A pioneer of Structure-Based Drug Design and Molecular Interaction Fields
Peter Goodford was preparing a course of lectures on “Blood” for medical students at the Royal London Hospital in 1965, when he learned how Max Perutz in Cambridge was using X-ray crystallography to determine the structure of the haemoglobin tetramer (Hb4). He thought that macromolecular structures like Perutz’s Hb4 could possibly be used as scaffolds to design novel therapeutic agents, but he very soon realised that it might be difficult to examine such an unsubstantiated hypothesis in the clinical environment of a teaching hospital.
Goodford therefore moved to the pharmaceutical industry in 1967, and was appointed head of a new “Department of Biophysics and Biochemistry” at the Wellcome Research Laboratories near London. By the early 1970s he had convinced Wellcome’s research director, John Vane, that the scaffold hypothesis should be tested, and that Wellcome should establish a laboratory for the X-ray crystallography of proteins. Max Perutz in Cambridge; David Phillips in Oxford; Herman Watson in Bristol, and Tom Blundell at the University of Sussex all provided active support for this project, and Goodford recruited crystallographers (John Champness, Christopher Beddell, and David Stammers) from these academic groups.
During the 1980s Goodford retired from Wellcome, and went to live with his family in a village outside Oxford and used his savings to buy a small VAX VMS DEC computer for his study at home. Goodford did not believe that it was possible to “design” therapeutic agents. He reserved this word for cars, railway tunnels, knives, forks and anything whose ideal properties could be precisely and completely specified on paper before it was actually made. In his view it was not normally possible to synthesise novel drug molecules with precisely defined ideal properties, and he would sometimes emphasise this opinion by asking colleagues how they would design and synthesise a flat methane molecule.
In Goodford’s opinion suitable molecules for a specific therapeutic job could sometimes be “discovered”, and he thought that computational studies would be an aid in the discovery process. He believed that the findings could help with the generation of new concepts, and thus lead to the discovery of novel compounds for biological testing. He thought that computer programs should not simply deliver numbers (which might or might not be correct), but should promote new creative exploitable ideas in the mind of the user.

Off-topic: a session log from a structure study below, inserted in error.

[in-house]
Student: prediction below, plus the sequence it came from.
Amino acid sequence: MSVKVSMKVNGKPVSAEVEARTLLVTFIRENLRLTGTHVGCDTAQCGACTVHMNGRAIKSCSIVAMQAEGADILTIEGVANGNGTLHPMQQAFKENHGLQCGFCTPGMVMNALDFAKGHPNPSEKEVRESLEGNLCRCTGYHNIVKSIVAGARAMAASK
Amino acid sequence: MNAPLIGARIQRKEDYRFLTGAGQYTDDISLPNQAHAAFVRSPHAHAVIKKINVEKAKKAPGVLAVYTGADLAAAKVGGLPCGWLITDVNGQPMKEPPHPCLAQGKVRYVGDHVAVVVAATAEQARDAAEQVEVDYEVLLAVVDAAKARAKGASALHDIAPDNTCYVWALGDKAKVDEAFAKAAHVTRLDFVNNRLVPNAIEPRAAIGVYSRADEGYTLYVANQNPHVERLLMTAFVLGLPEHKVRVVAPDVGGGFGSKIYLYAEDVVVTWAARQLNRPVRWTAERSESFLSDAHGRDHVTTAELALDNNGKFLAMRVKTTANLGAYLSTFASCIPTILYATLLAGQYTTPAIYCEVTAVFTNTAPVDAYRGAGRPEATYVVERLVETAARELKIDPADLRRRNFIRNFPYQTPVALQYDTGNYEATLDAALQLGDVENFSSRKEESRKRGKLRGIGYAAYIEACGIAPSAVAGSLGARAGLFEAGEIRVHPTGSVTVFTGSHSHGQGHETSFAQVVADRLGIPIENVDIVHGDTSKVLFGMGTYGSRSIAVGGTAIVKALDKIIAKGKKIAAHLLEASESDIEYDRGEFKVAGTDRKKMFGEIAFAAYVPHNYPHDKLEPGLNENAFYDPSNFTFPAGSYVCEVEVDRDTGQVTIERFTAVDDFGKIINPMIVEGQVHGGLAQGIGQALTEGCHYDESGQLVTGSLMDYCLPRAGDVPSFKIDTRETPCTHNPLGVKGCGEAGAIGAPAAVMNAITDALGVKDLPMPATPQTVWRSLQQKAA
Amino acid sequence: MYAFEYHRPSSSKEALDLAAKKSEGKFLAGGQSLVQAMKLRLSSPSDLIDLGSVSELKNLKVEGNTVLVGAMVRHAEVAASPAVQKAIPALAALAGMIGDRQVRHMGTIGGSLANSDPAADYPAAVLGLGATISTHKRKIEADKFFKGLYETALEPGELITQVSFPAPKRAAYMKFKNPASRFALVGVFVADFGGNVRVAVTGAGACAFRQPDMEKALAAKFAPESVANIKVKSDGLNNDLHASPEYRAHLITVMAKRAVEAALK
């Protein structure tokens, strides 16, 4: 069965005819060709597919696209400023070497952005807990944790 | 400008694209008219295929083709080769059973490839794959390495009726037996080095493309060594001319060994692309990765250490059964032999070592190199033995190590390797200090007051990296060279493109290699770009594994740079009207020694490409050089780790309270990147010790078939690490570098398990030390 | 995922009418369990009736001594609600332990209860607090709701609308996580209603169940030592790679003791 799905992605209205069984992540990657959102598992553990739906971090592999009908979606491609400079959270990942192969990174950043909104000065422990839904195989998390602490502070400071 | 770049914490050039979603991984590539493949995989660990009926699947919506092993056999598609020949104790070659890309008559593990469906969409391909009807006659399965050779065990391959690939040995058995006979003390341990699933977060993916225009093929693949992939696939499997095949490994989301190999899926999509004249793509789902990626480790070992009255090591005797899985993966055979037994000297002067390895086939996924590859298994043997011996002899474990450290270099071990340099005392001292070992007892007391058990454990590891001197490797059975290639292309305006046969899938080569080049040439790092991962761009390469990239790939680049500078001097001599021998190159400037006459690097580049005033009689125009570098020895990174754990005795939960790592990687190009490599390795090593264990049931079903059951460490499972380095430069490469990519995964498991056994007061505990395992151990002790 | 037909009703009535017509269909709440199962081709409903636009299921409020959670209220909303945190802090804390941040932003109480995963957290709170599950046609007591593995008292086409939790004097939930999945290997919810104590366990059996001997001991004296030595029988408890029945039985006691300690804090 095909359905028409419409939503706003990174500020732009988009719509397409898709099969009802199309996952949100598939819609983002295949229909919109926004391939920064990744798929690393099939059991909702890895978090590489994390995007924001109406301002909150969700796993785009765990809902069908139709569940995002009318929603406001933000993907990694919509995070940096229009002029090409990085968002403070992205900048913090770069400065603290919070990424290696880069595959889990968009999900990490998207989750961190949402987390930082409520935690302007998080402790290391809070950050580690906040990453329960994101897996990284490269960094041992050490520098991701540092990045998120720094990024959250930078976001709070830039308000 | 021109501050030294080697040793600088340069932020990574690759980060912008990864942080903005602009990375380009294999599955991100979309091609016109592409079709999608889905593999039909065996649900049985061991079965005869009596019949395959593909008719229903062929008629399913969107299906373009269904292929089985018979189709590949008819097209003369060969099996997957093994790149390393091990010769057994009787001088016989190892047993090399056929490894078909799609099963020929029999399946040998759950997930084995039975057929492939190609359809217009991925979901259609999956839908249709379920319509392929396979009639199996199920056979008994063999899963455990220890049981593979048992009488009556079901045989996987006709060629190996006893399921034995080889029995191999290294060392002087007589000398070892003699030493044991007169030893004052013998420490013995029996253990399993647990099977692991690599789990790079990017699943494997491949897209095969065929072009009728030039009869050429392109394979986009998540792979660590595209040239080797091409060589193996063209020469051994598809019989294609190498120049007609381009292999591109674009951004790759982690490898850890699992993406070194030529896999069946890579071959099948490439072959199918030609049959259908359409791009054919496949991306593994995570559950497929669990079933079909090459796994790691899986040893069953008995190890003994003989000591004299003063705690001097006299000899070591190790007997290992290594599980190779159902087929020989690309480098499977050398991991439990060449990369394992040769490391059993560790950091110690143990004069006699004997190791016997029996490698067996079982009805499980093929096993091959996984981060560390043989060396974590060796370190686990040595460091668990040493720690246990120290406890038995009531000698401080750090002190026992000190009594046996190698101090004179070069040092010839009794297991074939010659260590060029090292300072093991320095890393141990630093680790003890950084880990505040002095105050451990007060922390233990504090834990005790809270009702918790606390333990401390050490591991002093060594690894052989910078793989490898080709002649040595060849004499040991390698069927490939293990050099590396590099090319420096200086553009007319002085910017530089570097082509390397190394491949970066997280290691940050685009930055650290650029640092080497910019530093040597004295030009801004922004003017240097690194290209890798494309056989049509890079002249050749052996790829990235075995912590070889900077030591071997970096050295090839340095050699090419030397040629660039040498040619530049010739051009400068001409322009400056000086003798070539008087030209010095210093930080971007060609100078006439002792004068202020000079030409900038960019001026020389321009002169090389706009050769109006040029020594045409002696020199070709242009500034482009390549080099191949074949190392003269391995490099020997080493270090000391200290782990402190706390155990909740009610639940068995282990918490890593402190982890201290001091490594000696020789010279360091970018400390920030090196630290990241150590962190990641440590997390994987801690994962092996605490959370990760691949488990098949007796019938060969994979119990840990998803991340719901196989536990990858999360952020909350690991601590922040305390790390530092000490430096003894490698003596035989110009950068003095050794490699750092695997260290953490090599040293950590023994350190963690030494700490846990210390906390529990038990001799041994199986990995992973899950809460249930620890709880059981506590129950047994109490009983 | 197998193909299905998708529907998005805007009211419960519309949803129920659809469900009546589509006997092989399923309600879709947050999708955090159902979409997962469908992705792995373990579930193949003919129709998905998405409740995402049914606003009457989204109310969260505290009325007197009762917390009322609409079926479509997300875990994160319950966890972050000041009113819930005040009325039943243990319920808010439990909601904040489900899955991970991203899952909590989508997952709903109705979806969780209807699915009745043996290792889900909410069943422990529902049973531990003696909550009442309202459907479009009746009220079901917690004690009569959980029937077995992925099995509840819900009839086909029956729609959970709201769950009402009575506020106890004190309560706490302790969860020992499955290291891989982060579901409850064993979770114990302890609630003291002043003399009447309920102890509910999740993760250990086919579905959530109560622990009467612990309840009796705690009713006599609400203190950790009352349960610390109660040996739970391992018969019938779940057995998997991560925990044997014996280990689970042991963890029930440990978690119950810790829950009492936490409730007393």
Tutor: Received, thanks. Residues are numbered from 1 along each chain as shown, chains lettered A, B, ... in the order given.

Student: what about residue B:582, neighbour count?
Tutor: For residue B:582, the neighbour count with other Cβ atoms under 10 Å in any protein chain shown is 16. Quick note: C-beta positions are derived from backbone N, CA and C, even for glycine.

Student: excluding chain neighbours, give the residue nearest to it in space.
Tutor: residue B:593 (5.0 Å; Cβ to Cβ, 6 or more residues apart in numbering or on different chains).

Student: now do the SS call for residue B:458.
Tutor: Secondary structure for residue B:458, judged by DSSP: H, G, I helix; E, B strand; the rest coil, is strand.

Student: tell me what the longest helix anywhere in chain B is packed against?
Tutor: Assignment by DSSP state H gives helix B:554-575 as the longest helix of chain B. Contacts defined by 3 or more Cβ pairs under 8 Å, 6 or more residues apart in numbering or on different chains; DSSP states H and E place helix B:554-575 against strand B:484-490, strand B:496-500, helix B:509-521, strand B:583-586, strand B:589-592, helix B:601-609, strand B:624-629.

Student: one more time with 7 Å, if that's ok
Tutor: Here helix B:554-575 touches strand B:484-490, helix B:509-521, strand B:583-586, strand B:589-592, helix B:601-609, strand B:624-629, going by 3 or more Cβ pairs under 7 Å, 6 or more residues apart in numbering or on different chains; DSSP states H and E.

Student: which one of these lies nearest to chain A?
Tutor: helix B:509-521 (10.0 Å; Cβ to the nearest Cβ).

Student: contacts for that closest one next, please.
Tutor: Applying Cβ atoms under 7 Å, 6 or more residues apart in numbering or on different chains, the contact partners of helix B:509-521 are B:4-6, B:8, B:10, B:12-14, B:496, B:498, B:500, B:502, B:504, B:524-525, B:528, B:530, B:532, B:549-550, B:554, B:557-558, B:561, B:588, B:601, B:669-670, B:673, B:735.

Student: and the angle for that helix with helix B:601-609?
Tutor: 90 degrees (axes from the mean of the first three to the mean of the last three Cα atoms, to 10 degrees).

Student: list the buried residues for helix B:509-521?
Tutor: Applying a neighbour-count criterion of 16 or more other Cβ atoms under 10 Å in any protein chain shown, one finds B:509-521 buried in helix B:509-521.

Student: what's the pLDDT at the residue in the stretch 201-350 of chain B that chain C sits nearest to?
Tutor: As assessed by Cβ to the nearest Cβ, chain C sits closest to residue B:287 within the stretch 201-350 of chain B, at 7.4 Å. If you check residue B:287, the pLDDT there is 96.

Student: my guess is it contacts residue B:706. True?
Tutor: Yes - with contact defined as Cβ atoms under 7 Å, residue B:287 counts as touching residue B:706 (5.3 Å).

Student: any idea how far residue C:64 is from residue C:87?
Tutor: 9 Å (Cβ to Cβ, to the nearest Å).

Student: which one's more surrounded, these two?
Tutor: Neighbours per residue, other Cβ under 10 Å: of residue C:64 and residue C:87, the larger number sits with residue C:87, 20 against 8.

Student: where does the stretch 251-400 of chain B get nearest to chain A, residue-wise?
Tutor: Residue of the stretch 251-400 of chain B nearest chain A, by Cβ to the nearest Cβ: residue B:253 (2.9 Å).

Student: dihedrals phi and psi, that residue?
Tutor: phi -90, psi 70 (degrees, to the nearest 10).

Goodford had this objective in mind when he devised his well-known GRID program as a tool for anyone studying a “Target” molecule of known structure (such as Hb4). GRID would draw the user’s attention to places on the Target where a particular atom or chemical group (known as the “Probe”) should interact favourably. Probes could be monatomic (e.g:- Carbonyl oxygen) or more complex (e.g:- a complete amide group CO.NH2) or conceptual (e.g:- The Hydrophobic Probe) , and the user had to decide which Probe or Probes he would like to study. He might for example select an aliphatic hydroxyl Probe if he wanted to synthesise sugar molecules, or a carboxyl Probe if he thought that acidic ligands would be appropriate for the chosen Target. However the use of GRID would more or less force him to think seriously about the structure and properties of both Target and Ligand.
The American scientist Yvonne Martin heard about GRID during the 1980s, and invited Goodford to install a copy of the program in her laboratory. This was the start of a collaboration during which Peter came to realise that many people world-wide might be interested in the GRID method. Before long the program had been ported to other hardware platforms, and there were GRID users on every continent. Peter became a frequent visitor at academic departments from Barcelona to Sydney; from Helsinki to San Diego, and at pharmaceutical companies from Cincinnati to Osaka; from Berlin to Melbourne. In 1989 an “International School of Crystallography” was organised by Peter at Erice, and a powerful Silicon Graphics computer was lugged up the second highest mountain in Sicily so that participants could try out the software for themselves. Installing that computer at that time, and getting it to work in such an isolated location, was a significant achievement for Silicon Graphics, and it is sobering to think that almost every participant could bring his own powerful notebook to the corresponding Erice school only twenty years later.
Goodford took the view that the success of a drug discovery project could only be judged by the number of new medicines which it spawned, and by the therapeutic success of those novel compounds in helping sick people in the real world. He was very excited when Glaxo used GRID in the discovery of their anti-flu drug Relenza, the first of few real drugs designed with his method. Peter himself continued devising novel GRID algorithms for more complex Probes and for more flexible Targets till the year 2006 with the help of young scientists expert in modern methods of drug discovery and coming from all over the world.
Gabriele Cruciani, student, colleague and friend of Peter
Other tributes to Peter Goodford
Editorial on Journal of Computer-aided Molecular Design